Beyond Unions

Recently we had the Labor Roundtable and much interesting discussion on the nature and necessity of organized labor in America ensued. I’ve cooled on the idea of unions lately, at least in their current form, and have had a number of really good conversations in the past couple of days after writing this post, about unions and particularly teachers unions.

Certainly teachers unions represent a major obstacle to reform of our education system. In that sense, I both approve and disapprove of their influence. I approve of any efforts to curtail high-stakes testing, and unions certainly are avid opponents of such testing. But it’s also true that at least part of the reason we’ve come to this point in the first place is that unions have consistently opposed reforms across the board – not just high-stakes testing. Using tests as a metric for teachers is one way reformers are attempting to break the inertia created by unions. I think it’s an unfortunate way to go about it, but it’s not surprising that this – along with school choice efforts – have focused on curbing union power.

At some point, everything needs to be seen through the lens of special interests. Boiling things down to corporate reformers who want to end public education vs. teachers who only care about themselves is silly. The truth is more complicated, just like the truth about Medicare reforms is more complicated and involves special interests looking out for self-interest in ways that are not conspiratorial so much as pragmatic.

I find myself, lately, looking at both reformers and the unions/education-establishment and thinking everyone is wrong. We need a third way.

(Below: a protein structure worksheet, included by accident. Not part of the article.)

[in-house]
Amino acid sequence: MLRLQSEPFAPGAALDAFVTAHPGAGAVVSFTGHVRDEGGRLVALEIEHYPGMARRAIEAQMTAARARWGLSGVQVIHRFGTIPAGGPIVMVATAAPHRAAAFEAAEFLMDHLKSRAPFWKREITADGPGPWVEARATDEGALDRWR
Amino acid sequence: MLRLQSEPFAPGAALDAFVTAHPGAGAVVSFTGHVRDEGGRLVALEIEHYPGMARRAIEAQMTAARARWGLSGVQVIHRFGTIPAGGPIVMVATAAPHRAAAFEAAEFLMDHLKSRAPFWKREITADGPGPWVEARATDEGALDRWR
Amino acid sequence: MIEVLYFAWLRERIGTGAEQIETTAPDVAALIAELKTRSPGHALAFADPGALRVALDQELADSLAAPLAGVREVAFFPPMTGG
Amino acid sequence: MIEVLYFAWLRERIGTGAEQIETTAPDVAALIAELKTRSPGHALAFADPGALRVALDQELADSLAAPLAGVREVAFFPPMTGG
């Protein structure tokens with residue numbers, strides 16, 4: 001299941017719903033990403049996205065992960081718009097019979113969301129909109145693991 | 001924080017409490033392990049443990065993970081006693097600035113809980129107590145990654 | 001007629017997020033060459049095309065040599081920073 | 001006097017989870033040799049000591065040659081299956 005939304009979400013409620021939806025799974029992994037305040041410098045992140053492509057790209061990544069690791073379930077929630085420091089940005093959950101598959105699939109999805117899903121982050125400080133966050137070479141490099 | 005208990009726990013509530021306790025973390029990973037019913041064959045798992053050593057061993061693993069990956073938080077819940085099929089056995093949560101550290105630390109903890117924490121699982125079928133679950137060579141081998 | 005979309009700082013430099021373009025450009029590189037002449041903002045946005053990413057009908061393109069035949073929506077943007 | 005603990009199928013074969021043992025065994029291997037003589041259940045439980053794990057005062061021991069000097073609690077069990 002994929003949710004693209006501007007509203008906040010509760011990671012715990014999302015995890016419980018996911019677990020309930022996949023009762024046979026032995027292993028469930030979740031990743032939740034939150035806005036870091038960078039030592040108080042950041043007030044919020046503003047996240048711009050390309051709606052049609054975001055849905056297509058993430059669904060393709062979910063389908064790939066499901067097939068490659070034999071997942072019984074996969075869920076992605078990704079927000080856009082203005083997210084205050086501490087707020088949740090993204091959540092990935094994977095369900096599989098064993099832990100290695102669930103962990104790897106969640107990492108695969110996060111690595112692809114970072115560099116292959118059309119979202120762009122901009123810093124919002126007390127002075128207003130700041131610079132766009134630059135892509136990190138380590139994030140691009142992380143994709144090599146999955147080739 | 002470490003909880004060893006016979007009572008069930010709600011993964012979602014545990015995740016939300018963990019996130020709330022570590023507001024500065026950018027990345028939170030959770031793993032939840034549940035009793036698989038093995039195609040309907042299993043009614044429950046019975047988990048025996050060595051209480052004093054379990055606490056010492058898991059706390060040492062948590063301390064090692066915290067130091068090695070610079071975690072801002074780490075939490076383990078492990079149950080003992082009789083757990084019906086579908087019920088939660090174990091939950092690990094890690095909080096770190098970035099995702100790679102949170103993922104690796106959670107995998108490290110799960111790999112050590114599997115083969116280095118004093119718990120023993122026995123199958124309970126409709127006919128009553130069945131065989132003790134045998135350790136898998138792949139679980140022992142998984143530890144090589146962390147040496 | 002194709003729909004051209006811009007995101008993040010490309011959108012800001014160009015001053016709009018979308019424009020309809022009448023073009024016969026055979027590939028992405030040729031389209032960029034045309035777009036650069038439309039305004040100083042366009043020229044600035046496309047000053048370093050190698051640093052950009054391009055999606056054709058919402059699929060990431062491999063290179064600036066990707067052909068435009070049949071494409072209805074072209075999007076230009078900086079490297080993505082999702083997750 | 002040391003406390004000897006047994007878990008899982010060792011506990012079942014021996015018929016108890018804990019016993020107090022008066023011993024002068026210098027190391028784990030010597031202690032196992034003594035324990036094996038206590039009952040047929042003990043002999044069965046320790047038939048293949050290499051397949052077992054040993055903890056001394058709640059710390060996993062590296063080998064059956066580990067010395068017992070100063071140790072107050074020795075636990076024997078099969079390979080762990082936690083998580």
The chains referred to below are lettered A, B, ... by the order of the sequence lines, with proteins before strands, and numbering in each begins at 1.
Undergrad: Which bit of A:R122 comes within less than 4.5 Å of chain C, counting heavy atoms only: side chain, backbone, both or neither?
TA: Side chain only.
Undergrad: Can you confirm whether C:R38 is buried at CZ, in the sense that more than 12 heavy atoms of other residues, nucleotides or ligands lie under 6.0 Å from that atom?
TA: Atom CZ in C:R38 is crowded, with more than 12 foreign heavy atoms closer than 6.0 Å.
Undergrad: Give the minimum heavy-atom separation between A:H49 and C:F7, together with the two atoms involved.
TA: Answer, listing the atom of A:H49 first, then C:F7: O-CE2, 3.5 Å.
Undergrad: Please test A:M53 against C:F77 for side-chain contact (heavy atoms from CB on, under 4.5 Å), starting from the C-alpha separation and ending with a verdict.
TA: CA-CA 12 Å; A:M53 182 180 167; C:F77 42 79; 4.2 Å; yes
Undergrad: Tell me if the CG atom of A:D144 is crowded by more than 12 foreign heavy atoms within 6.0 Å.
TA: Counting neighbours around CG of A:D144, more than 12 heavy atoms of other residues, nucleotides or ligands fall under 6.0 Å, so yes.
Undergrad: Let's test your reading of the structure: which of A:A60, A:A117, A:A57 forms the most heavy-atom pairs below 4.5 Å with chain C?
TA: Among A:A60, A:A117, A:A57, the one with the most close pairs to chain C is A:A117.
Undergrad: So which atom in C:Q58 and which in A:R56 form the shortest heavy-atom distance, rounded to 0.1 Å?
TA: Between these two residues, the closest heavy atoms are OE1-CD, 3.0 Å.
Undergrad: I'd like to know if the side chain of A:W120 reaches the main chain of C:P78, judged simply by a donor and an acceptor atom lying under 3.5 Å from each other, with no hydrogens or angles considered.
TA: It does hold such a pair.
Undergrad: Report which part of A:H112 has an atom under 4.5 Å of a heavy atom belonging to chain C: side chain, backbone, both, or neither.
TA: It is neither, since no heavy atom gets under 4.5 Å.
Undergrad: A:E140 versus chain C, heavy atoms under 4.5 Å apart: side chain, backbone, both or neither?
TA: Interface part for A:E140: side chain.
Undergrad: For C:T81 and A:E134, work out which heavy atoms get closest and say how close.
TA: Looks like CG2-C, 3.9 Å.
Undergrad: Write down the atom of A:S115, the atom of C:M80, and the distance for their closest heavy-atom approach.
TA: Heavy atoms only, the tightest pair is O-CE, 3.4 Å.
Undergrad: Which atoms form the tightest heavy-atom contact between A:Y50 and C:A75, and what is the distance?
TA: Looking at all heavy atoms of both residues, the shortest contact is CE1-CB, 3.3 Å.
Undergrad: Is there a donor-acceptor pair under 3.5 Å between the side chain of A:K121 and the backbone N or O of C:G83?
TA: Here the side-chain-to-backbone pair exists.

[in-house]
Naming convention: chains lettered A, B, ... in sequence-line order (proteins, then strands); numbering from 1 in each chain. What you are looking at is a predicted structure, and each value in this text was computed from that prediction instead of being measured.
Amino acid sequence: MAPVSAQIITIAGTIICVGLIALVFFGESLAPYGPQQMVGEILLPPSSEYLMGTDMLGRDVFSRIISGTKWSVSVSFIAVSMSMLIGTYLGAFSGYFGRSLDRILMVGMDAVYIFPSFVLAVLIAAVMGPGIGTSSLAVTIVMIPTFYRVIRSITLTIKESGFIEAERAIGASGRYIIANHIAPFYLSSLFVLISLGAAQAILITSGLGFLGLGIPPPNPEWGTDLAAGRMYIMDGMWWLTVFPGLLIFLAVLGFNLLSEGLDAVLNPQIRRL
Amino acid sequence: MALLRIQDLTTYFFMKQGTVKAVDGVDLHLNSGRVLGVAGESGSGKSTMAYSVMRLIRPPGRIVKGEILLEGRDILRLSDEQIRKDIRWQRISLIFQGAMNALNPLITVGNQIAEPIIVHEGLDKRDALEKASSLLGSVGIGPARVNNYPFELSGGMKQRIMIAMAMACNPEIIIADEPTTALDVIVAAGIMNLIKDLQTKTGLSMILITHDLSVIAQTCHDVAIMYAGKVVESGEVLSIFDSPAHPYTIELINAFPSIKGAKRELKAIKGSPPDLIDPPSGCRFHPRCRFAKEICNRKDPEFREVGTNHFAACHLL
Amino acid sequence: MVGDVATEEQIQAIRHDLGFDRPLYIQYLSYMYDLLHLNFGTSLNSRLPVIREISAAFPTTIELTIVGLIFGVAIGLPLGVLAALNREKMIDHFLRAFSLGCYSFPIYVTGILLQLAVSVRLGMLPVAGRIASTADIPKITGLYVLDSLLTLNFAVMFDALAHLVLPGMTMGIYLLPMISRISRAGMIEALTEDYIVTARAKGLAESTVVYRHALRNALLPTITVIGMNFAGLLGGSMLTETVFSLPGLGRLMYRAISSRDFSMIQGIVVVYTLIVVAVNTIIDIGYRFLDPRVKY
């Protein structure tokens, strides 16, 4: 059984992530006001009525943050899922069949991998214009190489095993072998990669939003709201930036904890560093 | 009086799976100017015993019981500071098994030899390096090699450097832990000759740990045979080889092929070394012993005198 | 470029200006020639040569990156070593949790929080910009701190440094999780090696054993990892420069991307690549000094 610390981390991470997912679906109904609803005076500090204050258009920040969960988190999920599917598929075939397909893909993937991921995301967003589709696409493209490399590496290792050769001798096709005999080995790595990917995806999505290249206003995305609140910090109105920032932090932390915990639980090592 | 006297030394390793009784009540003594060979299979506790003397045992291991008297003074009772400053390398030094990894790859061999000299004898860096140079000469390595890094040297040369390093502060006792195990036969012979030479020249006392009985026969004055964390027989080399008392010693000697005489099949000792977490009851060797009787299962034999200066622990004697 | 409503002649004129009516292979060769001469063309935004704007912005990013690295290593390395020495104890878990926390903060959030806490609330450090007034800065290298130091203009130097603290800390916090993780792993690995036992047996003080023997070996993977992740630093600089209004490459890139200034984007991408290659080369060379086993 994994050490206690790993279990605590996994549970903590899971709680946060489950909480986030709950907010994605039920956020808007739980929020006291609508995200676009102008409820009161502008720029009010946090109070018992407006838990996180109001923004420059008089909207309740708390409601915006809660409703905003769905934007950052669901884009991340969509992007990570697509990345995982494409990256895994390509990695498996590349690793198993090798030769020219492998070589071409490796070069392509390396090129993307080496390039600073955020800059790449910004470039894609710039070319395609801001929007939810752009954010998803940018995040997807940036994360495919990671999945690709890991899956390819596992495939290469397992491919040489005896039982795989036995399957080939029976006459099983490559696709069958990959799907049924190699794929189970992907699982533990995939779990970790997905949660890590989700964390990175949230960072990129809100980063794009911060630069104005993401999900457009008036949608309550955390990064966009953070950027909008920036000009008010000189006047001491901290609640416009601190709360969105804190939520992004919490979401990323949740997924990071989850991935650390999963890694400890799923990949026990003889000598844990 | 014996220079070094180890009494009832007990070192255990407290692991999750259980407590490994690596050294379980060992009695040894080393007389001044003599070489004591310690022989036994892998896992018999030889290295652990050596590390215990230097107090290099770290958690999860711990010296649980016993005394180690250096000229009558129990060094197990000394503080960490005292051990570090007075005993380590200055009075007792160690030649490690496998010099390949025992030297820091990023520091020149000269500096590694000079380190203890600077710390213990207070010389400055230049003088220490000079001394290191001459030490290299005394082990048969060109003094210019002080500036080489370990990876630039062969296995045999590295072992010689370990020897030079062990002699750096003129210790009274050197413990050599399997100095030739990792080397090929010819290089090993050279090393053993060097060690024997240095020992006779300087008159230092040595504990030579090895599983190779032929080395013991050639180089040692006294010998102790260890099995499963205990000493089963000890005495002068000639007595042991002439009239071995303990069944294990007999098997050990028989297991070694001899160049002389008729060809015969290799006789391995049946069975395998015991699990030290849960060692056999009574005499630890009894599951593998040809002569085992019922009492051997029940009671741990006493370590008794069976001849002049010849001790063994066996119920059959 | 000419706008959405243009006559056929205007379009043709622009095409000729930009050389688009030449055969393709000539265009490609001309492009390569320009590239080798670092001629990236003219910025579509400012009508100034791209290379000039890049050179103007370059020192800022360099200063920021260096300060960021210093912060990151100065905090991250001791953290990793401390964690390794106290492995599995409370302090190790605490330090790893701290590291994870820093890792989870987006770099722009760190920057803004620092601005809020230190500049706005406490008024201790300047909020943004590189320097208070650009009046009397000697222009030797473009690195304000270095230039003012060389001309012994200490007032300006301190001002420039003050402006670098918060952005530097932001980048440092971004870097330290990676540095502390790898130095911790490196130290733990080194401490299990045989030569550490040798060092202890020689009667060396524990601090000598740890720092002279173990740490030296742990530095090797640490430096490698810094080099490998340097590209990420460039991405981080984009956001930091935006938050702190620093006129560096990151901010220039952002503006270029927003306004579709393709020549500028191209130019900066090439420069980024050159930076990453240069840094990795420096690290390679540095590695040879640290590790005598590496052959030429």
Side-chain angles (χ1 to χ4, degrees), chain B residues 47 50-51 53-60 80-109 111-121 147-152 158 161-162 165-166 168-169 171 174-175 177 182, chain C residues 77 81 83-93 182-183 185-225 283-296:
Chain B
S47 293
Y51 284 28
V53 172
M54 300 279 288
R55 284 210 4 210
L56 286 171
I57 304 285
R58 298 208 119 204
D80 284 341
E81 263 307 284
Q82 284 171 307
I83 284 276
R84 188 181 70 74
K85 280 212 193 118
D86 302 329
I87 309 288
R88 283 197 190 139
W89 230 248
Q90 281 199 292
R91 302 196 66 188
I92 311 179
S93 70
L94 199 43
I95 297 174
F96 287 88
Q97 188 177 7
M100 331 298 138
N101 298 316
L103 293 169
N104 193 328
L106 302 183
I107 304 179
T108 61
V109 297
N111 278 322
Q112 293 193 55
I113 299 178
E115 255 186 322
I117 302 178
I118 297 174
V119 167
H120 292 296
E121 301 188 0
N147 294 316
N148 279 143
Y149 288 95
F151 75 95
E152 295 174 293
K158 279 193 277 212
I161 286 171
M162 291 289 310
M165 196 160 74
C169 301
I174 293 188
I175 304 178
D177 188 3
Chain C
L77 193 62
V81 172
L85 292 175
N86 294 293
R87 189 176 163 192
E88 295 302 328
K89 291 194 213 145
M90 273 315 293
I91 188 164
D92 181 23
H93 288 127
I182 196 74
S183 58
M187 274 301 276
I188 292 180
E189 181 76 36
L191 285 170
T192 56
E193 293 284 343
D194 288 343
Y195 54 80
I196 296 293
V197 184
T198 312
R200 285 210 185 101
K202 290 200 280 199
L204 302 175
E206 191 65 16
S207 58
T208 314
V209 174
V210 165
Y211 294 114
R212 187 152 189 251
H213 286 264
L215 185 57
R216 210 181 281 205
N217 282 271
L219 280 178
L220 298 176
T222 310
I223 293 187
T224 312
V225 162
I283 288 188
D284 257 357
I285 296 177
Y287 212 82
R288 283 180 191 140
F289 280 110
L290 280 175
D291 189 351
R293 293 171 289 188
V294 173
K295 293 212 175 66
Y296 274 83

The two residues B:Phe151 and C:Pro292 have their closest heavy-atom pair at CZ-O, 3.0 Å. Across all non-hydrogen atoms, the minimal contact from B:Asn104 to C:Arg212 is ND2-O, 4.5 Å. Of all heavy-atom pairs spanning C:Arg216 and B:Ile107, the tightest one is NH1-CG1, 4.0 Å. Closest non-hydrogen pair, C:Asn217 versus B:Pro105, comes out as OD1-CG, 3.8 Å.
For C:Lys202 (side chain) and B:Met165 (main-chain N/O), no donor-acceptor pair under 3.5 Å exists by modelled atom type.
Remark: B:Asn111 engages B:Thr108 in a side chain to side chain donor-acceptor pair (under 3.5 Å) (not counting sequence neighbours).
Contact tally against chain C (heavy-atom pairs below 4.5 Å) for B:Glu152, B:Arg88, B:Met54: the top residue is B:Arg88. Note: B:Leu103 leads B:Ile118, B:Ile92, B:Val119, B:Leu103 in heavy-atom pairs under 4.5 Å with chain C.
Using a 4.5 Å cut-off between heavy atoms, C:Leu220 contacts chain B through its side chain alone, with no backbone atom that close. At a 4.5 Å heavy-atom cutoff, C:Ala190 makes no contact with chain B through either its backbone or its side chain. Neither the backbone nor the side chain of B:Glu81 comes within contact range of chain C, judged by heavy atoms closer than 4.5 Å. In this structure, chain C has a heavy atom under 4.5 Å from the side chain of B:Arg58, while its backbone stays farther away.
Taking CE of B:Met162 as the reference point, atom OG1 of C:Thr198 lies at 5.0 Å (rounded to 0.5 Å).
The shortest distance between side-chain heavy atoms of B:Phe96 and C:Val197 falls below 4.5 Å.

So let’s assume for a moment that teacher unions as they currently exist were to become extinct. This would open many reform doors not now available. The question I have is this: what replaces unions to give workers voice? Broadening the scope somewhat, what replaces unions in the economy as a whole in giving workers voice and agency?

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144 thoughts on “Beyond Unions

  1. I think the more precise question, which leads to the problem of finding an answer, is: What gives workers without a lot of education, prized skills and or significant privileges any voice or agency in the workplace? To many people who are critical of unions have , like myself, grad school educations, high literacy or high tech skills or social advantages so they don’t get how the other 75% lives.

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    • Teachers generally do have a lot of education. Do they have agency? I don’t know. Do we want them to? Just jump right to the obvious one: Should the biology teacher have agency to teach the controversy? Depends on where you stand on that issue. Prayer in school? Sex ed?

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      • The agency of workers revolves do they have any say in work rules, are they at the mercy of their bosses to keep them safe, do they have recourse if harassed or treated illegally, do they have any leverage in getting better wages or benefits. For teachers curriculum influenced by school boards but they should have some say since they are considered to have some expertise in what they are teaching and are the ones who have to figure out how to teach the material.

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  2. I think public sector unions are almost a completely different kettle of fish, the inherent conflict of interest between their political activism and that the government is their employer.